If you're like most Canadians, you shop around a lot before choosing a car or house. Fewer people put the same energy into choosing a loan. Maybe they feel lucky just to get the money. However, if you take this approach to borrowing, you may pay more than you need to.
When you shop around, you can:
- Compare interest rates and other costs.
- Learn about the different options available to you.
- Avoid rushing into a bad decision.
Example: Let's say that you have $5,000 saved to buy a used car, and you need $2,000 more. You consider using your credit card, which charges 18% interest. You also look into getting a loan at your financial institution. They offer you a two-year term loan at 7%. Here's how much interest you would pay with each choice:
Credit card: $396.40
In other words, it would cost you more than twice as much to borrow with your credit card.
Six questions every smart borrower asks
- How much do I have to pay each month? Make sure you can afford the monthly payment. How much is too much for your budget? The experts say if you have a mortgage, your debts, including your mortgage, should add up to no more than 35% to 40% of your monthly income (before taxes). If you rent, your debts should not add up to more than 15% to 20% of your monthly income.
- What is the total amount I will repay? This is how much the loan will cost when you add up all the interest you will pay, as well as all of the money you borrowed. The rate varies according to the type of loan. Some interest rates are fixed for the whole term of the loan. Others may go up and down as the Bank of Canada rate changes. Make sure you know how the interest on your loan works before you sign.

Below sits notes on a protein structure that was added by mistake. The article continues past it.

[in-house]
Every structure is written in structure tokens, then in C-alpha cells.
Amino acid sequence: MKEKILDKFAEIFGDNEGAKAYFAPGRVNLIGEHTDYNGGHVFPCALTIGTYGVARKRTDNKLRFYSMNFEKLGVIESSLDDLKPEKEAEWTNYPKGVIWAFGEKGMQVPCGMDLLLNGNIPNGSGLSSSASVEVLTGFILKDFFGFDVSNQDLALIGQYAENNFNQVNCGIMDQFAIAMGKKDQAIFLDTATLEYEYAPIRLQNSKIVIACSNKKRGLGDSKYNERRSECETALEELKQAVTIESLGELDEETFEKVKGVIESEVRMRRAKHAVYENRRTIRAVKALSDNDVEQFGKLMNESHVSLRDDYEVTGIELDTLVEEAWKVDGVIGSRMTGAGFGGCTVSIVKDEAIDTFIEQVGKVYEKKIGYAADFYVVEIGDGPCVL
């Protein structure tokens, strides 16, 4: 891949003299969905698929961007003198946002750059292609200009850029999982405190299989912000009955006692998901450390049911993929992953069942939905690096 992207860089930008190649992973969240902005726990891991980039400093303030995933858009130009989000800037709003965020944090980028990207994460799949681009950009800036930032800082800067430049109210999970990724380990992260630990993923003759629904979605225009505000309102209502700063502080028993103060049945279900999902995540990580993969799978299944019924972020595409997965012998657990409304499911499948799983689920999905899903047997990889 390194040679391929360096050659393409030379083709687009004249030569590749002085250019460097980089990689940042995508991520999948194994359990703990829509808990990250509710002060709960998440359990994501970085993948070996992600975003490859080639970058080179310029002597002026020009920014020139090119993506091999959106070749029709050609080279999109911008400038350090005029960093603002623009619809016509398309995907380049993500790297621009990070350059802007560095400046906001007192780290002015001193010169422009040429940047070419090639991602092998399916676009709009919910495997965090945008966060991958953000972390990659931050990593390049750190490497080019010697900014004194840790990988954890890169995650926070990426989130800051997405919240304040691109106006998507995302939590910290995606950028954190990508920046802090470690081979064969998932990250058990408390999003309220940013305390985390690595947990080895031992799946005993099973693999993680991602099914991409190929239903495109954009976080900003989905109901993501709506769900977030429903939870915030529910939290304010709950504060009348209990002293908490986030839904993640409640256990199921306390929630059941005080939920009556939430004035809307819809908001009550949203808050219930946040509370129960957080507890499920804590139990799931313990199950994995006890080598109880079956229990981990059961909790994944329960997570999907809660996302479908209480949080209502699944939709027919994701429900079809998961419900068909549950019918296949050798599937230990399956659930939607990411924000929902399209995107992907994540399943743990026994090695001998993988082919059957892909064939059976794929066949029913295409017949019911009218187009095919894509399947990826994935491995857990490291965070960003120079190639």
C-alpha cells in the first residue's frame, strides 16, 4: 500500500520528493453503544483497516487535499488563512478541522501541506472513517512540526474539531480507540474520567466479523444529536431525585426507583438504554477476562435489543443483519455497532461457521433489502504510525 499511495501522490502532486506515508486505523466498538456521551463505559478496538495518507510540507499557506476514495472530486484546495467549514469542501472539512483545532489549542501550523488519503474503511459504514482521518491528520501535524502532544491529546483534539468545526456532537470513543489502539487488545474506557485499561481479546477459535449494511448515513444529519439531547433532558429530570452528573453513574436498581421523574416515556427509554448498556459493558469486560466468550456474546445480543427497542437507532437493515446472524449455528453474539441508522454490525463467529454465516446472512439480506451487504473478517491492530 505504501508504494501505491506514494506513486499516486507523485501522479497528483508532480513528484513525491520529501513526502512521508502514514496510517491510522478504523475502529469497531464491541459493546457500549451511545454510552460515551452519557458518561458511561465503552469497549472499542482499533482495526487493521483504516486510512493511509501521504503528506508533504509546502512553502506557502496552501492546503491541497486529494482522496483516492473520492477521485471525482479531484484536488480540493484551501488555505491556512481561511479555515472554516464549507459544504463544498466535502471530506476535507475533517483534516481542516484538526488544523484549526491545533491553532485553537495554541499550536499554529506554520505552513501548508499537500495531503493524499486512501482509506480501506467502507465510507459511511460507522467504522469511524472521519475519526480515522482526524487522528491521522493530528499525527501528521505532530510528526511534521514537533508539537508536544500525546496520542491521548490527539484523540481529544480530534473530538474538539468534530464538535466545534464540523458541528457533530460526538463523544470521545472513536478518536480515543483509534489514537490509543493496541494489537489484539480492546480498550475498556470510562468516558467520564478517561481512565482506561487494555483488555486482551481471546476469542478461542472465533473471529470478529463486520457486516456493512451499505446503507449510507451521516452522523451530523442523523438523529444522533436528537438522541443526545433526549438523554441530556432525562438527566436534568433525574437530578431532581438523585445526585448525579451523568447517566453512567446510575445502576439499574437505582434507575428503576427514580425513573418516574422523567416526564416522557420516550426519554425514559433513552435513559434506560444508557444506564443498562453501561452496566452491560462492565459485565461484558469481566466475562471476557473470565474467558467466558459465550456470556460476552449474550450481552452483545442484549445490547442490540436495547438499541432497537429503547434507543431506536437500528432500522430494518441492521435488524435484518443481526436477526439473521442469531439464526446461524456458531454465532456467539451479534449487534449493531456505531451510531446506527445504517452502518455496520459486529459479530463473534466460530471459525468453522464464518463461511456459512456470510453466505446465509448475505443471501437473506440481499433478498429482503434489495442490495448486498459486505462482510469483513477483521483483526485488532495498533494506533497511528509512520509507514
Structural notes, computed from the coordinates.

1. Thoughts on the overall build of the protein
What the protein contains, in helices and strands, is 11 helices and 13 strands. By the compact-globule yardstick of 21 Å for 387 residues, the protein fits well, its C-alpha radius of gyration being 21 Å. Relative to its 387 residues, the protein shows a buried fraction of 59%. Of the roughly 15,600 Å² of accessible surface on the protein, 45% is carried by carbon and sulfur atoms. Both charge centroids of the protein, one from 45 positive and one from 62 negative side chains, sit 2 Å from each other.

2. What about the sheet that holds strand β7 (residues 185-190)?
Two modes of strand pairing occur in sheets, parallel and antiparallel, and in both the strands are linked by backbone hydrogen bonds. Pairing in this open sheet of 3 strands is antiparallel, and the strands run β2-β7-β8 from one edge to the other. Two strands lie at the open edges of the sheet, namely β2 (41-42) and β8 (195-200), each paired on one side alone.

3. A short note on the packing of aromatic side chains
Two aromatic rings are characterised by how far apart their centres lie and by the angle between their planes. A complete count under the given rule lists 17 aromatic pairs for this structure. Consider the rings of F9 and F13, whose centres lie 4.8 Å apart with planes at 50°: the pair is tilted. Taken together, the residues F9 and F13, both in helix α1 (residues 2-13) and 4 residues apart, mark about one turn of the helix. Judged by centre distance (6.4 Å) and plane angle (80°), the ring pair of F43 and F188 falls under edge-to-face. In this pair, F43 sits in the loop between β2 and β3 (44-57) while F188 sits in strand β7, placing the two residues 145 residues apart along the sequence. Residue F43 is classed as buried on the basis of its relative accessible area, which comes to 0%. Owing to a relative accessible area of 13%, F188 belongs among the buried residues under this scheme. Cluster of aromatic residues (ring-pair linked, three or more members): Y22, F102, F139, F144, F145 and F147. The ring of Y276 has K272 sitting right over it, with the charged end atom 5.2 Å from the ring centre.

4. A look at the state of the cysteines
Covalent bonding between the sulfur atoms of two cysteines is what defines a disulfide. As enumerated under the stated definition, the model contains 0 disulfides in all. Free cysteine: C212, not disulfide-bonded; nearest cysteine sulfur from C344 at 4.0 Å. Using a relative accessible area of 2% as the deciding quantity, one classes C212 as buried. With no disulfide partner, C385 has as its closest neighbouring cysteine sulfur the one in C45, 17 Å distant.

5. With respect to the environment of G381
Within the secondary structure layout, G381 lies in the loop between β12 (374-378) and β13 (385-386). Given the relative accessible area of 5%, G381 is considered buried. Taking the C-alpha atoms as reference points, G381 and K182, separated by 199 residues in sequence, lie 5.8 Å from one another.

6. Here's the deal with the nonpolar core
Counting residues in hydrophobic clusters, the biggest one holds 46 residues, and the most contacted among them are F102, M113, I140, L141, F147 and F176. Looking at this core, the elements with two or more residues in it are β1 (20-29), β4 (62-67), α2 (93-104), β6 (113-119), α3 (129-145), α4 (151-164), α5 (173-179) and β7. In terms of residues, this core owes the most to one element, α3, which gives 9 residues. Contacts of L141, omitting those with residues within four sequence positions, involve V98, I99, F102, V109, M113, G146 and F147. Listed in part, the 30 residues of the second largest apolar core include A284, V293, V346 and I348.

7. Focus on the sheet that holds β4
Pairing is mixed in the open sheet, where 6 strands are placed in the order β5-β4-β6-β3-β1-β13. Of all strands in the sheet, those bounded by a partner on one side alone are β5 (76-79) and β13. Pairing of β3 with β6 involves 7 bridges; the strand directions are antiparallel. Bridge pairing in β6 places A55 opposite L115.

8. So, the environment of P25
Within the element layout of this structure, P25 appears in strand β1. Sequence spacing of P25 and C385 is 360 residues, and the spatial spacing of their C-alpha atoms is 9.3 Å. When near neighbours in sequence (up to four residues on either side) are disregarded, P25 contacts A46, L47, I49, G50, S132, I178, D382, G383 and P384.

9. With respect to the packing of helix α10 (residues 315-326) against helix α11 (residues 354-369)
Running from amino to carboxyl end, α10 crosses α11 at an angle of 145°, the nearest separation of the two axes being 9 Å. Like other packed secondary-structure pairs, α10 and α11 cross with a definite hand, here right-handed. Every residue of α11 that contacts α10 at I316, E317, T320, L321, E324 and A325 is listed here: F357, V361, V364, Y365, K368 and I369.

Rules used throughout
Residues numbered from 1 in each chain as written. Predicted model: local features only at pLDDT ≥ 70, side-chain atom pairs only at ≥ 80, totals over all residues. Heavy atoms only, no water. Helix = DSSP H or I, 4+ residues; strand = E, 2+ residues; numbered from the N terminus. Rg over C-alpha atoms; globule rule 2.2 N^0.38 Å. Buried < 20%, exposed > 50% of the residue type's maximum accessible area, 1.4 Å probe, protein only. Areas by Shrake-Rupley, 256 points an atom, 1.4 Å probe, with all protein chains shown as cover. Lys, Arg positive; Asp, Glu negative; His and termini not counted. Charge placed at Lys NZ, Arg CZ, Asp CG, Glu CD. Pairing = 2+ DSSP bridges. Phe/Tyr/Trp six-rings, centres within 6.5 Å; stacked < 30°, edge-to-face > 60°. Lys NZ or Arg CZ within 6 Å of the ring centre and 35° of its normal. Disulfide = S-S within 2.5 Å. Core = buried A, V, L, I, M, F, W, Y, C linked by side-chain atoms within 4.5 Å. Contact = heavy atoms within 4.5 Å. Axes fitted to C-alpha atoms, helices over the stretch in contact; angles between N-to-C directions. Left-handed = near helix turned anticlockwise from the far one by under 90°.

- Is the loan secured? The interest rate on a secured loan will often be 1% or 2% lower than an unsecured loan. Just keep in mind that if you don't pay, you are giving the lender a legal claim to whatever you use to secure the loan. That might be your home, your car, or other property.
- How long will it take to repay the loan? This is the loan term. The longer the term of your loan, the more interest you will pay (if the interest rate stays the same). Find out if there is a penalty fee for paying the loan off early. More and more lenders are charging a fee if you make extra payments, or repay the whole loan off early. That's because they will earn less interest from your loan.
- If I miss a payment, does the interest rate change? Sometimes the interest rate increases by 2%, or more, if you do not make a payment by the due date.
- Do I have to pay for any insurance? Sometimes you have the choice of insuring your loan. This means the lender will make your monthly payments if you can't for specific reasons; for example, if you get sick and can't work. If you insure the loan, find out how much extra it will cost. Sometimes you may decide you don't need the insurance.
Remember: It pays to ask questions when considering a loan
Some loans cost quite a bit more than others. It's always worth exploring all your options. Before you sign any contract, make sure you understand the advantages and drawbacks of each choice.
Content in this section is provided in partnership with the Investor Education Fund, a non-profit organization promoting financial literacy to Canadians. To find out more go to GetSmarterAboutMoney.ca.